Ozunu is the top student at Kusanagi School of Magical Architecture, a national polytechnic high school dedicated to raising professional magical architects of the future. Their job is to apply feng shui and other spiritual methods in architecture to exterminate fiends and demons in Tokyo, where the protective feng shui seal has been broken due to wars and urban development. Being raised by a spider fiend, Ozunu has always tried to purify or return monsters to where they came from. He clashes with his rival Tsugaru, the heir to a magical architecture corporation, who believes strength is the key to everything.
Feng Shui Academy is based on a series of light novels, and was serialized in a seinen magazine, facts that are glaringly obvious while reading. The stories and characters are typical for a supernatural adventure story, but the whole book seems to be missing that special “something” that makes it memorable.
At first glance, Feng Shui Academy has an interesting premise. Students training to be starcrafters, learn to use feng shui to fight and exorcist spirits. And the chapters where we see these skills in use are the most interesting. In the second chapter, Ozunu goes with Sakuya, a miko at the temple he lives at, to help with an exorcism. Watching Ozunu figure out and explain where the rift is and later repair it drew me in, as did the monster he had to fight before the repair. A few more chapters like this would have been better to establish the world and let us get to know the characters more. Instead, we are given only a two chapters to introduce all the main characters, and establish that Ozunu and Tsugaru are rivals. That’s not enough time to really get to know the characters, or care about what happens to them.
It’s Ozunu and Tsugaru’s rivalry that sets up for the rest of the volume. As punishment for fighting at school, they must work together to cleanse a house that is haunted. The spirit of a cat has become a monster and is trying to keep everyone out of the house so it can’t be demolished. It isn’t an easy exorcism, and of course, Ozunu and Tsugaru clash over how it should be done but some twists at the end put Ozunu is an emotional funk. We are supposed to sympathize with Ozunu, as it’s established early on that he doesn’t want to kill monsters, there just isn’t any feeling of connect with him, or with Tsugaru, who, for all his standoff-ish ways, actually helps Ozunu feel better.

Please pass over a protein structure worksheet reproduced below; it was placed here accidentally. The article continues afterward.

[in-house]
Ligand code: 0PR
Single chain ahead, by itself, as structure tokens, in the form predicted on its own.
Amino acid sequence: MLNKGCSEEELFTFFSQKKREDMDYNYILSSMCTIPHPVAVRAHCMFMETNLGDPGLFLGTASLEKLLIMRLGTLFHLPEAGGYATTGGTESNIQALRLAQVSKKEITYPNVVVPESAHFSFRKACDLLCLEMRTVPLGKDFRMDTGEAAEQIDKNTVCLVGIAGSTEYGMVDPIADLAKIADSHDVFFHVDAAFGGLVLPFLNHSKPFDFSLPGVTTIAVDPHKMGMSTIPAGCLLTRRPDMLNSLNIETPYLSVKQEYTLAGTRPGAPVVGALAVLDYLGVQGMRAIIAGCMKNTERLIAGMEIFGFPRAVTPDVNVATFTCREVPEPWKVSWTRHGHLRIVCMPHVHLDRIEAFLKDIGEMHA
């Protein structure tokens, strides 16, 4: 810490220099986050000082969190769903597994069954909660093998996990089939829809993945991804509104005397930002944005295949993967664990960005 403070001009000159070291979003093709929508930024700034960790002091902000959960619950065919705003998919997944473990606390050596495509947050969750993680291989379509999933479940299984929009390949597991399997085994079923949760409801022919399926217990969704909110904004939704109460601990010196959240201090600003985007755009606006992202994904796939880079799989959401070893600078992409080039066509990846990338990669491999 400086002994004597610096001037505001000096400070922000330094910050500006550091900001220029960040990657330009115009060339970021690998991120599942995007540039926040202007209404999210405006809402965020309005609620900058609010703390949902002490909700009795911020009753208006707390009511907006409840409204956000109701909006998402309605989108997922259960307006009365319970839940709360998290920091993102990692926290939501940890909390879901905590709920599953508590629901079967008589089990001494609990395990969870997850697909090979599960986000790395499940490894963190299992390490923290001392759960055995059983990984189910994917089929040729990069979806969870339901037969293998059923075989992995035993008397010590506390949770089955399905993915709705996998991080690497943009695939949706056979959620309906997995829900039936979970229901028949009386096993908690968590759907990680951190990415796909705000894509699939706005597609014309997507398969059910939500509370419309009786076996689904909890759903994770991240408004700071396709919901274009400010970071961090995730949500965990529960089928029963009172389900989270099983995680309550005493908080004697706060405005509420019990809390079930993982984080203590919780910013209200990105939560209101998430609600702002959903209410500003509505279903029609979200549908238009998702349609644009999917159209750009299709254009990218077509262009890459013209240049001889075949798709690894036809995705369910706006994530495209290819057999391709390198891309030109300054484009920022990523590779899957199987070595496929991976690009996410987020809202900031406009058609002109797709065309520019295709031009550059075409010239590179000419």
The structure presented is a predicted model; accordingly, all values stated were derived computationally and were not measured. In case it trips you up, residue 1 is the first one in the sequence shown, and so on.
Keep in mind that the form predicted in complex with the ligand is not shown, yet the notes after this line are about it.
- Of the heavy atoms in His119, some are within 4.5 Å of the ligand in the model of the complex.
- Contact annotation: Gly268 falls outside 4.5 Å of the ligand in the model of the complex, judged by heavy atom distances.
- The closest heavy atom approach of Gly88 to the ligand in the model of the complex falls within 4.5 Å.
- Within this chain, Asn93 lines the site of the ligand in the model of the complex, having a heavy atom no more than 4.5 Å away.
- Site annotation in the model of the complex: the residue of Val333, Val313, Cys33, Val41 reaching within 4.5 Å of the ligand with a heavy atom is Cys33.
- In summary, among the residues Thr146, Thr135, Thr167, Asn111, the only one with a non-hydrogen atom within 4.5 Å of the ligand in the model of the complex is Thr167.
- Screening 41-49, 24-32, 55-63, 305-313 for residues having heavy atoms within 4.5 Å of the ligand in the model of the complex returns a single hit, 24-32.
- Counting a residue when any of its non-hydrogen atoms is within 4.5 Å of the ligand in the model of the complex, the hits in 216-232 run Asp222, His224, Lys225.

I think these problems with the manga stem from the fact it based on a novel. All we’re getting in the manga are the story, and none of the feelings from the characters that novels provide in narration. Manga, to compensate for that, need more chapters showing us the characters in action, or some kind of exposition. This adaptation did a smattering of that, just not enough for someone completely unfamiliar with the series.
That’s not to say this is a bad title. As I said, the concept is interesting, and the story is scripted well. No where is there a feeling of something being missing as there is of a feeling that there should be more. Dr Master did a good job with footnotes, explaining many of the buddhist and feng shui terms that are used in the volume, especially in combat. Reading them does pull you out of the action some, but is necessary to understand Ozunu and Tsugaru’s different tactics. I definitely give them props for bringing out a title that is so steeped in Asian culture.
The art is nicely drawn. The characters are easy to identify and works well for the material. The title’s seinen origins are fairly obvious in the character Kyara, Ozunu’s cat-girl familiar. She is well endowed, and is dressed rather skimpily. But it’s not so blatant that it’s offensive.
Feng Shui Academy is a title that’s good but could have been better. If it had been a few chapters longer, a little more time getting to know the characters, and it would have been great. It’s still worth checking out, especially if you’re interesting in Asian ideas of spirituality and architecture.